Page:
Keanu: the star they can't pin down
by Susan Granger
'My acting parts have paralleled my personal growth, from kid to young man to responsible adult '
Hollywood can't pigeon-hole Keanu Reeves. He epitomised the totally excellent dude Ted in Bill & Ted's Excellent Adventure and its goofy sequel Bill & Ted's Bogus Journey; film-maker Gus Van Sant transformed him into a male prostitute in My Own Private Idaho; Ron Howard saw his comedy potential in Parenthood: and Lawrence Kasdan used him in I Love You To Death.
Keanu Reeves has made 20 films and, most recently, he embodied the spiritual innocence of Prince Siddhartha in Bernardo Bertolucci's Little Buddha, and played the intrepid Los Angeles SWAT cop in the high-velocity action adventure Speed.
"My acting parts have paralleled my personal growth." he observes, "from a kid to a young man to a responsible adult." Even his name is unusual. In Hawaiian, Keanu means cool breezes over the mountains.
Part-Hawaiian and part-Chinese, he was raised by his mother and stepfather in Toronto, where he attended four schools in five years before quitting entirely. He took acting lessons and found roles in community theatre and Canadian television before making his way to Los Angeles where Tim Hunter cast him as an alienated teenager in River's Edge.
Keanu, 29, is known as an actor who delves so deeply into each part he plays that he actually starved himself over the course of several weeks to make his body gaunt to typify Siddhartha's emaciated physique after a long fast in Little Buddha.
For Speed he lifted weights for about eight weeks.
He took some gymnastics classes and spent time with the film's technical adviser, Randy Walker, who spent 21 years with the Los Angeles Police Department, 14 of them as a SWAT cop.
Why did he choose action adventure at this stage of his career? "I had finished Little Buddha," Reeves says, "so I was an actor looking for work. I met with the director Jan DeBont and was impressed with his passion for Speed. It turned out to be an ensemble piece, not a star turn, and there's not a lot of blood, bodies, and gore. I admire the clean aesthetic look of the film."
DeBont is lavish in his praise for Reeves: "What's most unusual about him as an action hero is that he's vulnerable on screen. He's not threatening to men and appeals to women. In Speed, he has come of age."
Does that mean he will leave behind his forays into the rock world?
Keanu simply shrugs but, in recent years, young screen idols have been making the music scene on the Sunset Strip. Reeves' friend Johnny Depp was a struggling rocker before he became an actor. The late River Phoenix, whose untimely death Reeves still mourns ("I still don't know what happened to him...") had his own band, Aleka's Attic, and Reeves' folk group calls itself Dog Star.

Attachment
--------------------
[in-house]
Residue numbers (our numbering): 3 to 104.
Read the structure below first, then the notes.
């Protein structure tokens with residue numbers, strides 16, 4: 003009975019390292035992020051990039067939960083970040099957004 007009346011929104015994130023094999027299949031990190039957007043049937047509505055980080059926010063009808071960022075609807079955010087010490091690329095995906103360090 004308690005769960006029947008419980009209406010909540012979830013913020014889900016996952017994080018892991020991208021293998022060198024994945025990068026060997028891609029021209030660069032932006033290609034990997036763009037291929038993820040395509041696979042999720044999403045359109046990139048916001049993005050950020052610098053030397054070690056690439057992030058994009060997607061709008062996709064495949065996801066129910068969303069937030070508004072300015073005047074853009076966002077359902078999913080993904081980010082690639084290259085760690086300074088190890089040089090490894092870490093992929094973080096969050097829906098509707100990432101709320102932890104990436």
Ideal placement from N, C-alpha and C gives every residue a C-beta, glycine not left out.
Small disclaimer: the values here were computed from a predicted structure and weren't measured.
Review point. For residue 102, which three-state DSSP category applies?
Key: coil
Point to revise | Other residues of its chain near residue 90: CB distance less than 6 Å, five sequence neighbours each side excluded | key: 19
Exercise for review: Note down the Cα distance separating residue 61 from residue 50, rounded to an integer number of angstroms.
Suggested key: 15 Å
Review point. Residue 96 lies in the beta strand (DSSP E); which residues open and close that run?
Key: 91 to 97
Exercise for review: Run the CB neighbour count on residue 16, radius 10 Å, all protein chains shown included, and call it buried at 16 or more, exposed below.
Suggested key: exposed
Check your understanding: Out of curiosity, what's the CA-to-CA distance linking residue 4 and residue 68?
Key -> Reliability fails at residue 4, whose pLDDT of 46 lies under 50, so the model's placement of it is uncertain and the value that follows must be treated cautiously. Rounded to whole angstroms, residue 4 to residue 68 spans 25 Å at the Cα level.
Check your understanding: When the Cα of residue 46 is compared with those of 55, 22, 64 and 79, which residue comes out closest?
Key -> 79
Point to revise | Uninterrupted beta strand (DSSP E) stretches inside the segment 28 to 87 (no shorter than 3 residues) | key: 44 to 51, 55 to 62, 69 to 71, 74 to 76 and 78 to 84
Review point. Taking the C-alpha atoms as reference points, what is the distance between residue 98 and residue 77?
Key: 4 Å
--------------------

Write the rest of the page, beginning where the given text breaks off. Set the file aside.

Although for many years he was known for his grungy clothes and long hair, Reeves has, consciously, changed his image. He's no longer a rebellious kid; he's a man.
When DeBont suggested that he cut his scraggly mane. Reeves impulsively shaved his head almost completely. Now he actually goes to a barber for haircuts. For interviews. Reeves wears a gunmetal grey Issey Miyake suit, white silk shirt, open at the collar. with tan tube socks and beige Timberland boots.
In preparing for Little Buddha, he was impressed with what he read about compassion and wisdom.
"They are very complex terms but, to me, being very simple, wisdom is in name and form and compassion is giving of yourself and being able to receive with responsibility," he says.
"Being in Nepal really sensitised me to what I have and to what is around me and to suffering. I have not put down my joy to, perhaps, help the starving and the sick. I do it another way: by entertaining."
Reeves did not grow up with any particular faith. "I knew about the Ten Commandments, Jesus on the Cross, and the Virgin Mary but that was about it. But when you get into it (the study of religion), you hear about experiences like talking in tongues.
"In Buddhism, what I read and experienced is a vigorous, incredible, sharp, keen mind. Their training in dialectic and philosophy is incredible and unparalleled.
"For me, it did engender a belief in different levels of energy because I experienced it. Halfway through the film I had to ask myself, 'Am I here to act or am I here on a spiritual quest?'
"I didn't have a teacher but I initiated some practices of the beginner... like looking at the nature of your mind. They call it 'Monkey Mind'."
Reeves lives alone and claims to be unattached. He has an apartment in New York and in Los Angeles he lives at the Chateau Marmont Hotel, where John Belushi overdosed years ago.
He gave up driving a car six or seven years ago. Instead, he rides a vintage Norton motorcycle which he's crashed a few times, "like five or six but only one when I woke up and thought. 'Where am I? How did I get here?'"
Because of the strict laws in the United States. he now wears a helmet when riding his bike but "outside America and the authorities," he eschews the added protection.
"Back in '92, before the law came into effect, I wore a helmet during the day when I was picking up scripts, going to the bank, you know? Doing business. Then, at night, when I partied, I would just wing it.
"But who I was and what I thought in the past is no longer relevant. Today is now and I am me. I'm different and every day I am changing," he said.